Abraham Lincoln, Bad President. Franklin Delano Roosevelt, Bad President. Andrew Jackson: Bad President. Bill Clinton, Average President. John Tyler: Good President?!
What’s going on here?
If there’s one thing that really annoys me about libertarianism in general; it’s that every time I think I will find a president I can really like, someone has to come along and utterly destroy them. I really wanted to like most of these men, I did. I was taught in school to think that Lincoln was the great emancipator of the slaves, and champion of civil rights. Looking back on school now, I remember that almost all of our presidents were lauded as great heroes and saviors of their people. But darn it all if “facts are stubborn things.” I thought I was fairly safe as a Libertarian with Thomas Jefferson as my favorite president. Then I opened up “Recarving Rushmore,” to see him at number 26 with a ranking of “bad president.” Ouch.
In “Recarving Rushmore,” Ivan Eland ranks the presidents, not in order of how they instituted Great Societies, or embarked on large-scale social engineering like the New Deal, but in order of how they ensured peace, prosperity, and liberty (P, P & L scale).
Eland’s book doesn’t read as if it’s biased or opinionated. On the contrary, this is a scholarly piece of work that offers a ranking system from number one down to forty-three. You’ll be surprised at who comes up first and last. Hint: It’s not Abe or George W.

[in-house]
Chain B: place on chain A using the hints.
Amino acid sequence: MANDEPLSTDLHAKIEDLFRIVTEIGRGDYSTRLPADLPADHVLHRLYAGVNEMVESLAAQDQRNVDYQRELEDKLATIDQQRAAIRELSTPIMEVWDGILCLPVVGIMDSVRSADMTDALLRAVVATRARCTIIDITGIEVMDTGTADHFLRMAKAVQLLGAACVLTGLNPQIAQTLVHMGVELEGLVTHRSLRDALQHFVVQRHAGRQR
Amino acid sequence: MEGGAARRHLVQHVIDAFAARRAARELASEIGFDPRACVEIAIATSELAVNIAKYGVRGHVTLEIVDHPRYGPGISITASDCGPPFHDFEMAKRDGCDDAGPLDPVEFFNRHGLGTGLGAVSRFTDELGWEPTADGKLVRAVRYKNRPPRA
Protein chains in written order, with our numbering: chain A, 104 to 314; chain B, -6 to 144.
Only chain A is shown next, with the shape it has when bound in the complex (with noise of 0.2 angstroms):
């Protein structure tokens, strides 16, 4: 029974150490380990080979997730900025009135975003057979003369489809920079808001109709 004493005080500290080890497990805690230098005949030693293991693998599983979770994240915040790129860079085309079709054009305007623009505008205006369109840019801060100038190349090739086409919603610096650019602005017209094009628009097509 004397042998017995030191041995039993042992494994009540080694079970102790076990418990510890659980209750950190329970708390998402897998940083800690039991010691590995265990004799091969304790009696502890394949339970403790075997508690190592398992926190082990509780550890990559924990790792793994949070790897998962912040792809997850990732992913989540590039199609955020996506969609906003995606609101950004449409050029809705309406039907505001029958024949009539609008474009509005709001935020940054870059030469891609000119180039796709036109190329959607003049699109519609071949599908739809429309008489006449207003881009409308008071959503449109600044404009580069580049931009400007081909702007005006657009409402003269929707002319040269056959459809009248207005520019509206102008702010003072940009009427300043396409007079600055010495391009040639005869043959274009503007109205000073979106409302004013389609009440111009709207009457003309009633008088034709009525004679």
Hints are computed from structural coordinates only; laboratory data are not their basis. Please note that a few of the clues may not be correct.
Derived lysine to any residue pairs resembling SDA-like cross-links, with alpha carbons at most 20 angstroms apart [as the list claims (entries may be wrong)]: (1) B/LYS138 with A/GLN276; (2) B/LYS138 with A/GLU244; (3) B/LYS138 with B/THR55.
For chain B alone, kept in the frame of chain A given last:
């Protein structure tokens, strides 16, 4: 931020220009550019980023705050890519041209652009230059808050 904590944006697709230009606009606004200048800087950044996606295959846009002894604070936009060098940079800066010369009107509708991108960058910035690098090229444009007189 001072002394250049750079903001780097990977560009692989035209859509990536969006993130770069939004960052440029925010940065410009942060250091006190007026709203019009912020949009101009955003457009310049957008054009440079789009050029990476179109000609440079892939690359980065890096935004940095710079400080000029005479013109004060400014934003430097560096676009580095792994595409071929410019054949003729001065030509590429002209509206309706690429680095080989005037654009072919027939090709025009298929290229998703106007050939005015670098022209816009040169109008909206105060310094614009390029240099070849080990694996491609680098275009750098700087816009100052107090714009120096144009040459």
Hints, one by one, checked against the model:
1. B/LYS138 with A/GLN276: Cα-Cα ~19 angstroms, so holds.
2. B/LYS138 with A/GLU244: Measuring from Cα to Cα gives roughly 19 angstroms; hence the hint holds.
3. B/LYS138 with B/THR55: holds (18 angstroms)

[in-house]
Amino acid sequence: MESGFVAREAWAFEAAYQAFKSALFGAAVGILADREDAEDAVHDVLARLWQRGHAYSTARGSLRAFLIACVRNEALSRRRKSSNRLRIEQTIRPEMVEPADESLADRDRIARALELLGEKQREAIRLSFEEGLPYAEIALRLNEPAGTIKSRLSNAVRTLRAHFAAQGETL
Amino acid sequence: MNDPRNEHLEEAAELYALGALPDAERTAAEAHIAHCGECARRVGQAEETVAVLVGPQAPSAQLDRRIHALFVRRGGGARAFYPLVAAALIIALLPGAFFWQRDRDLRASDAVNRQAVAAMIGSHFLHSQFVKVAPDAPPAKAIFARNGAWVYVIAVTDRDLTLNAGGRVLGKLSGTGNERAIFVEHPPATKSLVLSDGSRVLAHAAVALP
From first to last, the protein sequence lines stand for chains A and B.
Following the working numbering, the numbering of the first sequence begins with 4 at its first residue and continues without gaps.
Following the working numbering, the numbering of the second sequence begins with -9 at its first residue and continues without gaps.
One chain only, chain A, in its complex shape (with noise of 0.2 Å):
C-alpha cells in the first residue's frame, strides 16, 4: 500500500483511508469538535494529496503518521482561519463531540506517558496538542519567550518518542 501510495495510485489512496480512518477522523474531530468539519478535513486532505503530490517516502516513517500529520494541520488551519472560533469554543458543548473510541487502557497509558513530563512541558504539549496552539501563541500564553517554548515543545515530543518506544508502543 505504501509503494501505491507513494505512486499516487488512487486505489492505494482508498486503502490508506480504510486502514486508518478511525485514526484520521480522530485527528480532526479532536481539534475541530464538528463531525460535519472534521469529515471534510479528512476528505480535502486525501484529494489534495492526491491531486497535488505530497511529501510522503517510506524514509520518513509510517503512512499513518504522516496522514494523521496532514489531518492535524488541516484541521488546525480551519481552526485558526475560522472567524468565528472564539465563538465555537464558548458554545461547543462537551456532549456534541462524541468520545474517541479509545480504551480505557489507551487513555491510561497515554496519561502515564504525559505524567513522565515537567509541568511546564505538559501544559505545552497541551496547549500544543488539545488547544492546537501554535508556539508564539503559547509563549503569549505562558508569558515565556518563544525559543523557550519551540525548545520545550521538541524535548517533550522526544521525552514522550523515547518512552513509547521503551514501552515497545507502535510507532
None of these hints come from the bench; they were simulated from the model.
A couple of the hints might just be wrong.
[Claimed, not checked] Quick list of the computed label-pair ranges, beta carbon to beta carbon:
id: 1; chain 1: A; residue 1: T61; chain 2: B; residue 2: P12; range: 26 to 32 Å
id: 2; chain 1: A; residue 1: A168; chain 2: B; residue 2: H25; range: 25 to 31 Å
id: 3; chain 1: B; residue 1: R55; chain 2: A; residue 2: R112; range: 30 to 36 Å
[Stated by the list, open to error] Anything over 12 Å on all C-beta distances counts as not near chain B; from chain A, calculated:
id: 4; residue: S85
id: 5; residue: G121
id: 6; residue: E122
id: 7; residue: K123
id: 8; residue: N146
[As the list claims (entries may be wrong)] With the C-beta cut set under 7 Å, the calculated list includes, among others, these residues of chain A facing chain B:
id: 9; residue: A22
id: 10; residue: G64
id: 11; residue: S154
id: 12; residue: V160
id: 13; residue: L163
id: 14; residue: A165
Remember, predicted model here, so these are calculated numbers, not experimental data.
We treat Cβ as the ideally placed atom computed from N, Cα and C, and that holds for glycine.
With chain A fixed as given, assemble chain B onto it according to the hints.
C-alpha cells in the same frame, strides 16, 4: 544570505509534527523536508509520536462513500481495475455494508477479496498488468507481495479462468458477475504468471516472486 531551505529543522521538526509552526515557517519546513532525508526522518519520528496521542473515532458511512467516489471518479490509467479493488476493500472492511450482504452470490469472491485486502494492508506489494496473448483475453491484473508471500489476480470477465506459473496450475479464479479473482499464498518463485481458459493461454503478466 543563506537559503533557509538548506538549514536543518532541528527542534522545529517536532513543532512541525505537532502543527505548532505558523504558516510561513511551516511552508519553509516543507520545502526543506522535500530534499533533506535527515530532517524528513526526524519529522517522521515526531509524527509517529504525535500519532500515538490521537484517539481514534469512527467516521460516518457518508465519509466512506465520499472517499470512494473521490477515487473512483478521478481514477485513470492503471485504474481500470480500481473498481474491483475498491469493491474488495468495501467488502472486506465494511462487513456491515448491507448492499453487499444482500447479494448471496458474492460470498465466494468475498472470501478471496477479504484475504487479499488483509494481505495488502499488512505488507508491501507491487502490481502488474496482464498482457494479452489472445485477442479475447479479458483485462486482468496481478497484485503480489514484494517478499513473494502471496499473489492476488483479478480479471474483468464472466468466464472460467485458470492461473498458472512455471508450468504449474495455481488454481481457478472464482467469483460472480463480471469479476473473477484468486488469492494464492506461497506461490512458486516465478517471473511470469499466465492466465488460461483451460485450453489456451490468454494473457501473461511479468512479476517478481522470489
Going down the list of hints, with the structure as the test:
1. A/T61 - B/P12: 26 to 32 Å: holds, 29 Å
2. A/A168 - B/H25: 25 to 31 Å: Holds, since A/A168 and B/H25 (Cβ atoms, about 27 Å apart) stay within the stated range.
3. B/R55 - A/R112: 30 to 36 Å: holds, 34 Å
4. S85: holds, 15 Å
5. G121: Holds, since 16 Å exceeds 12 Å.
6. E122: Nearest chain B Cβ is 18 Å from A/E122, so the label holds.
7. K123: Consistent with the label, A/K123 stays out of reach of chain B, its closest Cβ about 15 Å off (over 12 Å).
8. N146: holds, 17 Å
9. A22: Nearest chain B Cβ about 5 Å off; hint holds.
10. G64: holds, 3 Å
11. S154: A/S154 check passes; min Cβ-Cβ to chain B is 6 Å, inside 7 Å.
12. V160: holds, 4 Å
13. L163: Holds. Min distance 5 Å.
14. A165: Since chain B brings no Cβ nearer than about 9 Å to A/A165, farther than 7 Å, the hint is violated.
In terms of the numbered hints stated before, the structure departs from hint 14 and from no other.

The only criticism that I had is a mild one that the book is more of a guide for presidential policy relating to liberty than an exciting polemic to fire up the limited government types. Eland writes in a style that is direct and fair, but sometimes stodgy. It’s not a quick read that will have you burning the midnight oil. If you have a passion for this subject though you will want to finish it.
Libertarians who seek easy access to information can easily reference this text for what they need and therein lays the books usefulness.
The ranking system applied is credible, as is the author, who holds an MBA in Economics and is a senior fellow at the esteemed Independent Institute. A graduate of Iowa State, Mr. Eland spent fifteen years working for congress on foreign affairs and national security issues.
Some of the information you’ll find in this book will surprise you even if you’re the type who prides themselves on knowledge of Presidential history. For instance, I wasn’t aware that George Washington’s precedent of leaving office after two terms wasn’t an established law, until Roosevelt abused the privilege during World War II. Afterwards a constitutional amendment codified it. Tidbits like this make the book well worth a read, and a good reference guide for any freedom lover who would draw on it as a resource.
“Recarving Rushmore,” by Ivan Eland is available for sale through The Independent Institute by visiting www.independent.org.